B: The better way. Go to DMV take said written tests. Then ride your bike everyday for a few months on your permit, then take your MSF CHP course with 250 well spent dollars going to them. Take the 15 required hours, 5 classroom, 10 driving instruction. Boom they give you a certificate you take to dmv to skip their test and boom M1. Going this route is best because in order to pass the evaluation on the last safety course day you MUST have some experience on a bike or you will fail, this class should not be taken by those who have never rode their bikes on a permit. I saw alot of green people fail just to have to waste another weekend their to pass. Trust me heed the warning.

    Source? Me riding for 5 years, full m1 class. Bike: 2005 Ninja ZX-10R

    Ride Safe…

  7. Tony

    Do I need a drivers license to be able to get M1 license? I don’t want a car, I just want to drive my motorcycle and just get a class m license not c. I don’t have any permits, do I need to take motorcycle permit test first to be able to take the safety course? My drivers permit expired 5 months ago.

  8. shakylegs

    Let’s see if I have this right.
    * Go to the DMV (not on your bike) and get the M1 operating booklet.
    * Study it at home, then go back and take the written test.
    * Hopefully pass the written test, and they will issue you a temporary permit to operate your bike. (no hi-ways, no night riding, and no passengers)
    * Take the DMV operating test OR the operating instruction class
    * Get your M1 license.

  9. adriana

    I took a msf course got certificate do I have to take any tests at dmv or just bring my certificate to get m1 added to my drivers licenses? ?

  10. paul

    While much of this info is true, this is the EASIEST written license test I’ve ever taken. Don’t let this persons opinion scare you away, I got 100% on my first try.

  11. Jordan

    I have a Washington drivers license. Does this matter for when I take the California M1 written test? Will I still have to take the car written test?

  12. Jay

    I had my license when I was 19 years old, all through the 90’s and up to 2006, then let it lapse after several years of inactivity on the road. I’ve been riding dirt bikes a lot in that time, but I’m looking at getting a road-legal enduro bike just for S&G’s. Oddly enough, I’m a little nervous about having to get my license again since I haven’t ridden in a controlled environment in years and am so used to putting my foot out when cornering in the dirt. Will I fail? Should I take the safety course?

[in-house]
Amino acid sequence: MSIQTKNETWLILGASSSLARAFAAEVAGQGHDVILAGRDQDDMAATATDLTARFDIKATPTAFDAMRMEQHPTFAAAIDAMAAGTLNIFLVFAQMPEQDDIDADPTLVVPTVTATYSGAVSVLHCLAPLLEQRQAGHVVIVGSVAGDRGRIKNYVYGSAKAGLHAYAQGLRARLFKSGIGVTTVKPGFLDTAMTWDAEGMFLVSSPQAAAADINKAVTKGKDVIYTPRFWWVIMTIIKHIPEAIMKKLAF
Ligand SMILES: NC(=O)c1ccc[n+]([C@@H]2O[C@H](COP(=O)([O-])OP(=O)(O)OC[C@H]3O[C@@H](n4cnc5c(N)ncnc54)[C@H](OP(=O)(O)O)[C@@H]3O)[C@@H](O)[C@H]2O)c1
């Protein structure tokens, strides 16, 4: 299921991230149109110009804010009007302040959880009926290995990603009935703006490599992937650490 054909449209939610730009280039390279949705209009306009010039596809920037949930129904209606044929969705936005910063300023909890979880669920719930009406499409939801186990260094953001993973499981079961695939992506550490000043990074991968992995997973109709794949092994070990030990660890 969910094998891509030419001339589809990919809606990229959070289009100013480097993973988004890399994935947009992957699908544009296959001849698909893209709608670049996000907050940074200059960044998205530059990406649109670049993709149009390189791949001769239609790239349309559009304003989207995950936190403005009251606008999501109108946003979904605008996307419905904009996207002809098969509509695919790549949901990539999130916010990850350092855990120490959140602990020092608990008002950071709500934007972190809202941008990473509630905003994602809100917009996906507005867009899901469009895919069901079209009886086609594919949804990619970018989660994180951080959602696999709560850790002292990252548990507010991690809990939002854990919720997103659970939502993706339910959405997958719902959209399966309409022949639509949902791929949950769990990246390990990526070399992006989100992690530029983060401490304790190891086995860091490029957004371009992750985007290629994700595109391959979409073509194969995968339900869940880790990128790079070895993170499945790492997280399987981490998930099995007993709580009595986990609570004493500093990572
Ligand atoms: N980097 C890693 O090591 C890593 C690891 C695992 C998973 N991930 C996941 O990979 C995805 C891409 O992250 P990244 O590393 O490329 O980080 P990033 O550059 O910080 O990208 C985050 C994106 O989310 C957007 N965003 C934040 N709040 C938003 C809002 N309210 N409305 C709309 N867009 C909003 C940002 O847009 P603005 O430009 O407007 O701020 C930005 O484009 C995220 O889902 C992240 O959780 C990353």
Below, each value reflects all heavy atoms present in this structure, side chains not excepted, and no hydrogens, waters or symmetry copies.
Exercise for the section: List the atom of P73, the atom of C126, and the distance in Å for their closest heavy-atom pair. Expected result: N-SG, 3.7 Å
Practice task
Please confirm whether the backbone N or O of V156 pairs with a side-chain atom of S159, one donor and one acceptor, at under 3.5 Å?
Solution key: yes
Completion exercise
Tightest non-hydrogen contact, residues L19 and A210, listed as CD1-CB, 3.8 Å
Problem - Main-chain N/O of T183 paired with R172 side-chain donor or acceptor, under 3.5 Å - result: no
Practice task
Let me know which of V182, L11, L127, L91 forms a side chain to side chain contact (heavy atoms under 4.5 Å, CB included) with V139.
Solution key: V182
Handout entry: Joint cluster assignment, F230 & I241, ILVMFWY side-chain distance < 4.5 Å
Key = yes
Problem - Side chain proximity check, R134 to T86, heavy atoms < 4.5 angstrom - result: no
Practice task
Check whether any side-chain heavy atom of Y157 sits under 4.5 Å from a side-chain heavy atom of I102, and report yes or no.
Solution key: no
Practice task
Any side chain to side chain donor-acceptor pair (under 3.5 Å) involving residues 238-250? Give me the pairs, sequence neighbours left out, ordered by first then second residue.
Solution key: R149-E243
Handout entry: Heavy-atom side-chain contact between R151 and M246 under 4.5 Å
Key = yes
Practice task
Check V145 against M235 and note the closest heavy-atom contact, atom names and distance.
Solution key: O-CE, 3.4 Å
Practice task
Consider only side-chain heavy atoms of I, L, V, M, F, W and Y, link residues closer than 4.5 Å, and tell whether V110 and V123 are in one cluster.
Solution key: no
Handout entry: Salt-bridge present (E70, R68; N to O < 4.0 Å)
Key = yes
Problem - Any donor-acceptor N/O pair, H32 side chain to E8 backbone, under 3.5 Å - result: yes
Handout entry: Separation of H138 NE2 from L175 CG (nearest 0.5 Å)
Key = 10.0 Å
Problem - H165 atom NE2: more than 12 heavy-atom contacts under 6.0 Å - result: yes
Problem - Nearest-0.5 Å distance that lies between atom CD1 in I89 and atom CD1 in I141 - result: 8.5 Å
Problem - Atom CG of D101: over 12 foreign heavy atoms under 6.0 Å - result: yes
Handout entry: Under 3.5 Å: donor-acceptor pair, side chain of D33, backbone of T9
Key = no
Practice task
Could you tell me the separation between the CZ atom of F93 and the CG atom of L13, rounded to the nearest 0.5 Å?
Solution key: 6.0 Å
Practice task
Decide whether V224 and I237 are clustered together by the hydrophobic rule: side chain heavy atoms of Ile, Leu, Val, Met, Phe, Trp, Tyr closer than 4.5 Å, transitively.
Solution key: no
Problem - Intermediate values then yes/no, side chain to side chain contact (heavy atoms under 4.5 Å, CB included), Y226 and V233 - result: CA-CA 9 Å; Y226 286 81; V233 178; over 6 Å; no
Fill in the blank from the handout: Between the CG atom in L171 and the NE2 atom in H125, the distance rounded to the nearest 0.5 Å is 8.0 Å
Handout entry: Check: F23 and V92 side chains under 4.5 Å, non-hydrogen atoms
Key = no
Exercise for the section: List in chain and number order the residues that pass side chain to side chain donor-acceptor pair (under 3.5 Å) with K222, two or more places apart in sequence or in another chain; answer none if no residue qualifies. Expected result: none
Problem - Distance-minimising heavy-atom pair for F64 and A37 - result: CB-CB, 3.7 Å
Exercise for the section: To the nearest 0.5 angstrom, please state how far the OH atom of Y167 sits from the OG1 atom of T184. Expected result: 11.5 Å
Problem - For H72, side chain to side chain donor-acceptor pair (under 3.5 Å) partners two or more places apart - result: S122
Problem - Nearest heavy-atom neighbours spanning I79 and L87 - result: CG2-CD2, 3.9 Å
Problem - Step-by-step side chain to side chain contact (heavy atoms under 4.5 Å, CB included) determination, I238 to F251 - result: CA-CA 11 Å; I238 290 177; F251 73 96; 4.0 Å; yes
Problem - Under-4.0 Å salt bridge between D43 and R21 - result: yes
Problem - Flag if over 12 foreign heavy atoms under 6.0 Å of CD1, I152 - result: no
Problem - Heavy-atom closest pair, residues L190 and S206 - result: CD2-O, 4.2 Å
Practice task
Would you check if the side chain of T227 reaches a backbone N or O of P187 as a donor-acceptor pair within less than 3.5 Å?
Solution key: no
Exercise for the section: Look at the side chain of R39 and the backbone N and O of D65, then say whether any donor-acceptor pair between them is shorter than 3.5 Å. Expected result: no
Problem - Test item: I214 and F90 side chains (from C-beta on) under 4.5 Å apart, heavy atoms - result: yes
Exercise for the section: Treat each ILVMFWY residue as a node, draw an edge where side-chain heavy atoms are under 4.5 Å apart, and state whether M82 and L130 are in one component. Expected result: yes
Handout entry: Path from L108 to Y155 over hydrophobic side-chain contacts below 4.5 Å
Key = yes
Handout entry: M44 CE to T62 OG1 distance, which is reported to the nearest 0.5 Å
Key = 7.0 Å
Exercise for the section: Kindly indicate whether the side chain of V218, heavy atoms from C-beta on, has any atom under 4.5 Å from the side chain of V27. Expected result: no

• Izzy

      Time on the dirt bikes should be fine for you to just take the test. The safety course will probably bore you… The only thing I’d be concerned about is learning the traffic laws… is it certain you have to get the M1 endorsement again?

  13. Hey thanks for the nice write up. Quick question,

    I am planning to take the MSF course. Do i need to bring my own motorcycle or do they provide it? If so, what kind of motorcycles do they provide? Just curious. Thanks in advance 🙂

  14. Hey thanks for the nice write up. Quick question,

    I am planning to take the MSF course. Do i need to bring my own motorcycle or do they provide it? If so, what kind of motorcycles do they provide? Just curious. Thanks in advance! 🙂

  15. Aalok Sharma

    Hi IZZY,

    At present, I don’t have any license or permit (no Class C license, no Class C permit, no Class M permit…..absolutely nothing). Can I still take MSF course without having any of these? OR do i need to get a Class M permit first, and only then I will be allowed to take MSF course?

    Also, assuming I’m allowed to take MSF course without having any license or permit, and I pass the MSF course (and get the completion certificate subsequently), and then I pass the Class M written test also, will that be sufficient enough to get a Class M license? OR will I still need to get a Class C driver license/permit first?

  16. Just to be clear

    You can get an M1 with just the written motorcycle test from the DMV (an M1 is a Motorcycle Permit); to get an M2 (AKA a full endorsement with no restrictions riding times/locations) you are required to either submit the DL389 waiver from your MSF or pass the DMV Skill/Driving test on your motorcycle…

  17. Stacey

    I took the course a while ago (2010) and finally decided to take the dmv written test. Do you know if my certification is still valid? 😆